One evening we went to a local restaurant to commune and to bond. As we entered I noticed that on almost every wall there were posters of American Sign Language. It was curious but I couldn’t quite put my finger on why this was relevant in the context of all the random kitsch wall adornments. When we sat and I found another copy of the sign alphabet inserted in the menu I was so impressed, in reading closer, to find that it was meant as a tool for clients to use in support of the staff members who were deaf and hard of hearing. Such a profound demonstration of gratitude! We do not just hire deaf staff members, we don’t just hold the expectation that they will completely accommodate a hearing culture, but we also give our community tools and insight into the importance of broadening our vision of who makes up our society .
All of this said, it can be an important thing when we recognize that positive actions can influence and inspire in ways that read as actual visible productivity.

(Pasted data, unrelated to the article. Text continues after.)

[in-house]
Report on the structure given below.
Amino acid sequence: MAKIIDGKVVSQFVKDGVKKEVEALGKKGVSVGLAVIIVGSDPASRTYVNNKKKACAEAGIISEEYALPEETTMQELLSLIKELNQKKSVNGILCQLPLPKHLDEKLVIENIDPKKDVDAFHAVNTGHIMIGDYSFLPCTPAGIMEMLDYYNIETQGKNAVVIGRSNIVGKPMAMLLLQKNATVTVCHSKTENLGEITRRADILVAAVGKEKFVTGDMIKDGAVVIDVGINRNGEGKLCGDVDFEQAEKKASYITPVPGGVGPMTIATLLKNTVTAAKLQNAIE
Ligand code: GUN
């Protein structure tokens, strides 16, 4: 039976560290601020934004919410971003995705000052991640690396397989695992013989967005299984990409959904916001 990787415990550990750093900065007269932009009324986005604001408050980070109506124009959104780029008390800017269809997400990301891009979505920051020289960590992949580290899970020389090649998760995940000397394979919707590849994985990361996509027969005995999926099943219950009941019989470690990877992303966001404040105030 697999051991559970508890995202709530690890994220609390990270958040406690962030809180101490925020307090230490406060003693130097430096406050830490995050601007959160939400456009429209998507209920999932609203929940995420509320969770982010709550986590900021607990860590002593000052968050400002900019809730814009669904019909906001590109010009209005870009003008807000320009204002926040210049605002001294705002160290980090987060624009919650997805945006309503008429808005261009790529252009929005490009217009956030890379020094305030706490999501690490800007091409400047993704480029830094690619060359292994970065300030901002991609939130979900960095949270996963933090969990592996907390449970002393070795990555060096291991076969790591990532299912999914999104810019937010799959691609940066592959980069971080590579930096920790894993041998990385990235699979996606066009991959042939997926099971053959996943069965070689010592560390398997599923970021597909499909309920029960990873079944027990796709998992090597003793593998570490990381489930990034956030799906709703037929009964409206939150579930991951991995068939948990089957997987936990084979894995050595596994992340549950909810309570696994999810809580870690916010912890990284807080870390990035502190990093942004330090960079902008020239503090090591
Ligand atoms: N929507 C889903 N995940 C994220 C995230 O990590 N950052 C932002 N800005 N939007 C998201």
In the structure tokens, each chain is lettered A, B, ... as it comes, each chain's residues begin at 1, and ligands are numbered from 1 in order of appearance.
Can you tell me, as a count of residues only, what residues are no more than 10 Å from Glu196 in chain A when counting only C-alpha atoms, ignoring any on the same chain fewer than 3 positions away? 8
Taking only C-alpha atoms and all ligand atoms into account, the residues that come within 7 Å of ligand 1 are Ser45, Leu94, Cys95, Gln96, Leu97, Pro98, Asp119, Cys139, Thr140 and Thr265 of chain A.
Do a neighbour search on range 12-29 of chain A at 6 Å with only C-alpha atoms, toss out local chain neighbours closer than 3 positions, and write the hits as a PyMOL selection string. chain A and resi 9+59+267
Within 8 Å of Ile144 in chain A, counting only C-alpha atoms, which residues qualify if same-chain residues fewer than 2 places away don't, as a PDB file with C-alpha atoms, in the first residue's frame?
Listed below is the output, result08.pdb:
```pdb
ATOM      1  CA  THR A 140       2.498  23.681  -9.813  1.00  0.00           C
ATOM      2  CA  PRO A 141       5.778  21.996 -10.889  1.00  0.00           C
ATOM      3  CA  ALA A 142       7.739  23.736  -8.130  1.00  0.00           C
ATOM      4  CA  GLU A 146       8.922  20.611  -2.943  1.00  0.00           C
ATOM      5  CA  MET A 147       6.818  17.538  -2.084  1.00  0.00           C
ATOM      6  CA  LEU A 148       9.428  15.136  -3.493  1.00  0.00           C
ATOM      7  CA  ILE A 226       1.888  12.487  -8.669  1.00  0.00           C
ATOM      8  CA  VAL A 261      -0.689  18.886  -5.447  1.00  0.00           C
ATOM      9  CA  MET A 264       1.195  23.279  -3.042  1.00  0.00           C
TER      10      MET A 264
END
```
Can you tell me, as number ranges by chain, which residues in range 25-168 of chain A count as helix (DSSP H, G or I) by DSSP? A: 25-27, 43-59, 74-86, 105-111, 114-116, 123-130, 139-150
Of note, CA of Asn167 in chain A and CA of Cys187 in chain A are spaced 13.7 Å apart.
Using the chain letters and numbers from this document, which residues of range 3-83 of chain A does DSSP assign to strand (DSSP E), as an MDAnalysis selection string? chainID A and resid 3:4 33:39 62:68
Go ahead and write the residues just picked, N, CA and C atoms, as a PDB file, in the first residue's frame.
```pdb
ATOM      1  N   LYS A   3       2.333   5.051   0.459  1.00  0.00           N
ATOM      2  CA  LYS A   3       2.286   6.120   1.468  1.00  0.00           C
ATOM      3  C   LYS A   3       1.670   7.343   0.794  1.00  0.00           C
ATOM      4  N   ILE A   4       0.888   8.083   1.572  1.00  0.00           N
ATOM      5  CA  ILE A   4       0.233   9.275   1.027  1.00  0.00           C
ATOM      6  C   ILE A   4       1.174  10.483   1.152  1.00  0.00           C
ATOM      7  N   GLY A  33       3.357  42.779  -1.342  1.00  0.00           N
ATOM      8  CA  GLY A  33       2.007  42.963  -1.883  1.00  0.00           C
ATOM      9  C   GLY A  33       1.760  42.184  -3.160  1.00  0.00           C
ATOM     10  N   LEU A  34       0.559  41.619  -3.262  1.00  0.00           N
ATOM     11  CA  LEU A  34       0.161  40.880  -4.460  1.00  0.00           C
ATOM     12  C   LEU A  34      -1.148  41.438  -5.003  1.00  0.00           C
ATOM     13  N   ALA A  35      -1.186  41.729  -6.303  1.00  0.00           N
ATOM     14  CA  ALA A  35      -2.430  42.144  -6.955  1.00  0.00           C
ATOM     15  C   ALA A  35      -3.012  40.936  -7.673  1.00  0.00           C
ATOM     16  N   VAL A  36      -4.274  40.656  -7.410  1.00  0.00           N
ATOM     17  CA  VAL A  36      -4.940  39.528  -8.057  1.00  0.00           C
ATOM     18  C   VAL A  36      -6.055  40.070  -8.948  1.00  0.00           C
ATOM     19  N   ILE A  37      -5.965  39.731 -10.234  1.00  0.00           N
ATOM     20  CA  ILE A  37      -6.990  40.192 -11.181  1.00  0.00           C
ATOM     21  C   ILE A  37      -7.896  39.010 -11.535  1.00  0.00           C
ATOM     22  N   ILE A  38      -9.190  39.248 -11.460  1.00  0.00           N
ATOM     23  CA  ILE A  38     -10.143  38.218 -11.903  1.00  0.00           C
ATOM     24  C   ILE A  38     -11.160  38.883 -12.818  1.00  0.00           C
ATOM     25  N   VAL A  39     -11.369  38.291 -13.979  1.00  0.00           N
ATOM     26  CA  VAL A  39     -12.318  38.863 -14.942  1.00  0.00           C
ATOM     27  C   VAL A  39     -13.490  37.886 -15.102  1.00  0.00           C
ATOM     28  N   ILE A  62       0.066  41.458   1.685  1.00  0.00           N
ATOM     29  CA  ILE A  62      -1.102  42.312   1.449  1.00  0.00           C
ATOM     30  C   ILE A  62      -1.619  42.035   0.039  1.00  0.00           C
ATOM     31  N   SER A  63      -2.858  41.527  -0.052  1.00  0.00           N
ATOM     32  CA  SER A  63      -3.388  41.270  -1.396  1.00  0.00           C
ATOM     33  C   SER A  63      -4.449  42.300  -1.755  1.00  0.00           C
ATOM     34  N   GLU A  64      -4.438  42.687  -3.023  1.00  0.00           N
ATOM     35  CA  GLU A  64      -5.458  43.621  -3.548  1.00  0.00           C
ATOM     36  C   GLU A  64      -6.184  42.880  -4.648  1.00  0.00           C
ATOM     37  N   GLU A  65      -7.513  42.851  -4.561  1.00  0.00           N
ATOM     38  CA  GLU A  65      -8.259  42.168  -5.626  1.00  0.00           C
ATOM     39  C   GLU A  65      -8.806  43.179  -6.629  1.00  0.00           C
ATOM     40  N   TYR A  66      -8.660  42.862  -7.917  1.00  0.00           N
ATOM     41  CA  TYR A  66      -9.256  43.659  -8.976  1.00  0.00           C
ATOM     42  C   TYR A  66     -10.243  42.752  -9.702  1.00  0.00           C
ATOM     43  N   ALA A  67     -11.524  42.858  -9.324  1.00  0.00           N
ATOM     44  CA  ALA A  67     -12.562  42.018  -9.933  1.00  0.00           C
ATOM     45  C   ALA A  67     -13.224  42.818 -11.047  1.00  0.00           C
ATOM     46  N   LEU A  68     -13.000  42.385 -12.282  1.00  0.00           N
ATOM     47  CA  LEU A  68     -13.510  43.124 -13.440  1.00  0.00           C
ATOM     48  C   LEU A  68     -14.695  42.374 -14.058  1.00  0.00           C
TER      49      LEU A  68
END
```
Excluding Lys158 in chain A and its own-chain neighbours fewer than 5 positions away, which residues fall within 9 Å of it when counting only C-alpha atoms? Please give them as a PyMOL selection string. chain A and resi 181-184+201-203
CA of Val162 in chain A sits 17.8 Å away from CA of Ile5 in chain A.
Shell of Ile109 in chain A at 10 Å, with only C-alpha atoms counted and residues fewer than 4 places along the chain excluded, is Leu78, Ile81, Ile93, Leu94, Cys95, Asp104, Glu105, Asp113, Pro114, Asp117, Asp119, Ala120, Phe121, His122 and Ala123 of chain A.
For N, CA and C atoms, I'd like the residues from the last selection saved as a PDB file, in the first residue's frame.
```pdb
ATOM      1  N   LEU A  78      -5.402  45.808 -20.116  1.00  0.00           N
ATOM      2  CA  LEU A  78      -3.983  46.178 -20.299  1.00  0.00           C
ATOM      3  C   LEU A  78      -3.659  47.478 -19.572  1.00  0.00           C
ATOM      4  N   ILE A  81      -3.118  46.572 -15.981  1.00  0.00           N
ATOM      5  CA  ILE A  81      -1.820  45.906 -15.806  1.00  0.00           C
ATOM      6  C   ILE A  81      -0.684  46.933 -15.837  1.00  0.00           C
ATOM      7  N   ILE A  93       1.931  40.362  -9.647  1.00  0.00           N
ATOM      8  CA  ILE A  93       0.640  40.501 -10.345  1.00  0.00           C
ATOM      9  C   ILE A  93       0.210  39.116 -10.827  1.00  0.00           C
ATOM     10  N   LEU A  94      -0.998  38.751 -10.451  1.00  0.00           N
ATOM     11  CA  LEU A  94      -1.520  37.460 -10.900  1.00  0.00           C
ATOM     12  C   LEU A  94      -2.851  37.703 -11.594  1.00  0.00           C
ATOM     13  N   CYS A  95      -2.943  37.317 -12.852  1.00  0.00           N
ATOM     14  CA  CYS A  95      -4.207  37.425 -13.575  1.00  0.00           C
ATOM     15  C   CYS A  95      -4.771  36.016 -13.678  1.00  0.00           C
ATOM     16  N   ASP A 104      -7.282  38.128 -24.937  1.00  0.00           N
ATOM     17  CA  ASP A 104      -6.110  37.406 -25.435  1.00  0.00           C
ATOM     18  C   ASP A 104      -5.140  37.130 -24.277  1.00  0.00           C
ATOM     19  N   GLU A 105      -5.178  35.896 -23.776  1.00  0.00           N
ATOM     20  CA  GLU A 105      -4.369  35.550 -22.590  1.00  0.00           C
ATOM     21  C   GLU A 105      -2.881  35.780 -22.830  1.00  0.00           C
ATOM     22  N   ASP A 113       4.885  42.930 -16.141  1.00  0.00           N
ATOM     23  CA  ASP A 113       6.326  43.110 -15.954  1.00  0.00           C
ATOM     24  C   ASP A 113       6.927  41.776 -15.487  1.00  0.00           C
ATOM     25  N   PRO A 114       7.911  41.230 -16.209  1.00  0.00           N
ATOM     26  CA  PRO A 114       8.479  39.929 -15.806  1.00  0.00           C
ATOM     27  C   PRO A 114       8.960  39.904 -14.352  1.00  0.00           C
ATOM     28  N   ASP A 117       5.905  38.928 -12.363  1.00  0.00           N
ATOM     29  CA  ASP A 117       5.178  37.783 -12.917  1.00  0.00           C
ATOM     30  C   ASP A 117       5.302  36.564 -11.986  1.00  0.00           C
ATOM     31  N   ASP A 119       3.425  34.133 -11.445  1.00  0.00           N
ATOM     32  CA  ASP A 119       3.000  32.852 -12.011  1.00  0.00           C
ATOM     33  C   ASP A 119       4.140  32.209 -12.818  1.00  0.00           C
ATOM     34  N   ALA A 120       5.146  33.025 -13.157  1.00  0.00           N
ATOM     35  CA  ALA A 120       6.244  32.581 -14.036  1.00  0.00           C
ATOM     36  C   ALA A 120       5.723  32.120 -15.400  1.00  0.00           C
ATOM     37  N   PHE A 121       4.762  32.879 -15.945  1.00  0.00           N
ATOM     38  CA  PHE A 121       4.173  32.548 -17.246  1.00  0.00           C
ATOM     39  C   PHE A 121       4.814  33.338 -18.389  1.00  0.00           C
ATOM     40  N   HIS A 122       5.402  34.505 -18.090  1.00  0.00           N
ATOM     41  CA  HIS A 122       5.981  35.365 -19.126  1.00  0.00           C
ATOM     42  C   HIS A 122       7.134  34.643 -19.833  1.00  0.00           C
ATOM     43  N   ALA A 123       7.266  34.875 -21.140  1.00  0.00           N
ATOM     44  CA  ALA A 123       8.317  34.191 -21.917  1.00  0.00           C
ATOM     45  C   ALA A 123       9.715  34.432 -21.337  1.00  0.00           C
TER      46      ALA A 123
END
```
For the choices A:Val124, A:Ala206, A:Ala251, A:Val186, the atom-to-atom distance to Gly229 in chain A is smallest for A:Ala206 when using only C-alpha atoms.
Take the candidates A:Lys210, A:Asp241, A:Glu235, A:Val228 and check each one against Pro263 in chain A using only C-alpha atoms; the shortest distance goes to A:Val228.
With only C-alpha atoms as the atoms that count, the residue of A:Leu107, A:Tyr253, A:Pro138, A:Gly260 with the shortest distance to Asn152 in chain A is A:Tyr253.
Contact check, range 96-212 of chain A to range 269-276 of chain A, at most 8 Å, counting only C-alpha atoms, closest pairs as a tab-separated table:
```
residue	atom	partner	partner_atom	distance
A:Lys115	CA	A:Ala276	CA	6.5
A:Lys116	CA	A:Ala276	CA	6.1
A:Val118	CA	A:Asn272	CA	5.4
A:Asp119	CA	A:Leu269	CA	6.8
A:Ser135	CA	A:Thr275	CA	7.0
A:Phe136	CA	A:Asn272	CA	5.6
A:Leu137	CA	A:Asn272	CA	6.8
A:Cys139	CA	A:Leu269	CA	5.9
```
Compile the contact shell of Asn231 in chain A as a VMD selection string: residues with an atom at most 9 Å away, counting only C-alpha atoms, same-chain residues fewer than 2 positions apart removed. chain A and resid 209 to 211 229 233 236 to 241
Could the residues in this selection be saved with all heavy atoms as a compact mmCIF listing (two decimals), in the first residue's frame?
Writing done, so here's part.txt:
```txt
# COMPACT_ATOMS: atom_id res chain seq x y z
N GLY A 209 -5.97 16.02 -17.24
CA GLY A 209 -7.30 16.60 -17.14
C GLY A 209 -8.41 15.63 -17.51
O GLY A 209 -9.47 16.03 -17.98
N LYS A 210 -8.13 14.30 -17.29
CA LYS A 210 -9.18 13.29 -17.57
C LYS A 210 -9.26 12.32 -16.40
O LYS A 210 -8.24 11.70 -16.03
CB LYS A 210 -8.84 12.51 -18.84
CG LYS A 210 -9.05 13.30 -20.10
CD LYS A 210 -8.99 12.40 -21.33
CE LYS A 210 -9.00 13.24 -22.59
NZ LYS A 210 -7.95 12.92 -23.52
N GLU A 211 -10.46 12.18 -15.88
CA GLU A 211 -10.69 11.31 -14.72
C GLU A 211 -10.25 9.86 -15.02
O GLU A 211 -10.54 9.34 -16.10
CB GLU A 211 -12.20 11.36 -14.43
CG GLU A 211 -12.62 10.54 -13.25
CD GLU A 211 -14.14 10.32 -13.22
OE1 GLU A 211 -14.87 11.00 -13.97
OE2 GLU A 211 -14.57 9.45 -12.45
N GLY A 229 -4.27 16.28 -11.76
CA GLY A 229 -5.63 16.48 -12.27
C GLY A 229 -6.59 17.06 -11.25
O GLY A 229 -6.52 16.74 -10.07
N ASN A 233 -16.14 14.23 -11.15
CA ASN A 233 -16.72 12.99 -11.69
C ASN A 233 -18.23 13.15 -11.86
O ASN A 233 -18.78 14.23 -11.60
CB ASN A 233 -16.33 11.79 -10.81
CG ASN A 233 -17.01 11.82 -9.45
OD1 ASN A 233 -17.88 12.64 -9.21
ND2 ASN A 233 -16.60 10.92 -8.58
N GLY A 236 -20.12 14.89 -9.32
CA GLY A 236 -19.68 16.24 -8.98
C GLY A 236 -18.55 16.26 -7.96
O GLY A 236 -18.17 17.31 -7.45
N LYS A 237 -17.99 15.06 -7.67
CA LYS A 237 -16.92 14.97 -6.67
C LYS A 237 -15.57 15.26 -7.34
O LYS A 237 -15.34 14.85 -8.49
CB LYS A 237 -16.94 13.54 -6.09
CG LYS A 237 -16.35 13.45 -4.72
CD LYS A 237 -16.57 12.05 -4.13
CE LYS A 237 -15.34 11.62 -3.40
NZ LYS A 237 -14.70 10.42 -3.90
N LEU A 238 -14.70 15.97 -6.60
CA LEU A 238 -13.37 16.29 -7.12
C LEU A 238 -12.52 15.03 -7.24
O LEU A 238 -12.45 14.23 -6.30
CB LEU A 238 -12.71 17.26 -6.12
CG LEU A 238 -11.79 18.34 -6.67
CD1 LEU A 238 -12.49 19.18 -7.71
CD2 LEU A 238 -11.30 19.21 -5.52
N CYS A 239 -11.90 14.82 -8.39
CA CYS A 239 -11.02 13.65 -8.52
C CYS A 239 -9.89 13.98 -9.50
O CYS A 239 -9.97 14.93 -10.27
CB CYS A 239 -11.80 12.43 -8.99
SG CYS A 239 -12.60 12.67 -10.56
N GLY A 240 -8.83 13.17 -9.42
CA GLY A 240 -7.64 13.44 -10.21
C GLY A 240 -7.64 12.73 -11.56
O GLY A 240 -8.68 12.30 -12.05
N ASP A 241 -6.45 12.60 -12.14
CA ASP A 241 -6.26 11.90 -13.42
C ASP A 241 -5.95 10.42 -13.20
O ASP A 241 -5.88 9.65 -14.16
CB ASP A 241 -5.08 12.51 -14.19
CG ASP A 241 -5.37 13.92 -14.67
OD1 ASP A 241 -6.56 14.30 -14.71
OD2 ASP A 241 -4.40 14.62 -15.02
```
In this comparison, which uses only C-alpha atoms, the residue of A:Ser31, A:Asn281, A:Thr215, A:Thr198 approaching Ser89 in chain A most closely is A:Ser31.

Article by JL Umipig
Another wonderful opportunity has come our way. Sister JL Umipig has decided to contribute some of her reflections on her lifelong journey into a study of culture, heritage and self. Hopefully this won’t be the last time we are able to feature her voice. Thanks for letting us host you here on OnBlast!
When I first learned about the Babaylan, a figure that connects to the matriarchal heritage of my Filipino identity, I opened my spirit to the understanding of a power within myself from a very young age that I saw in all the wom*n in my family and those I exchanged with in my communities of Pinays. I grew as a youth activist in the Filipino community in Southern California, connected to my people’s histories of struggles in relation to the United States and other conquering countries. And I was taught to be angry and to fight the system that oppressed my people by being organized, by being aware of policy and by being ready to rise up and speak up with urgency. There is so much to be angry about in this world, so much to weep for, so much that can hold us in places of discomfort and I wanted to fight to change that.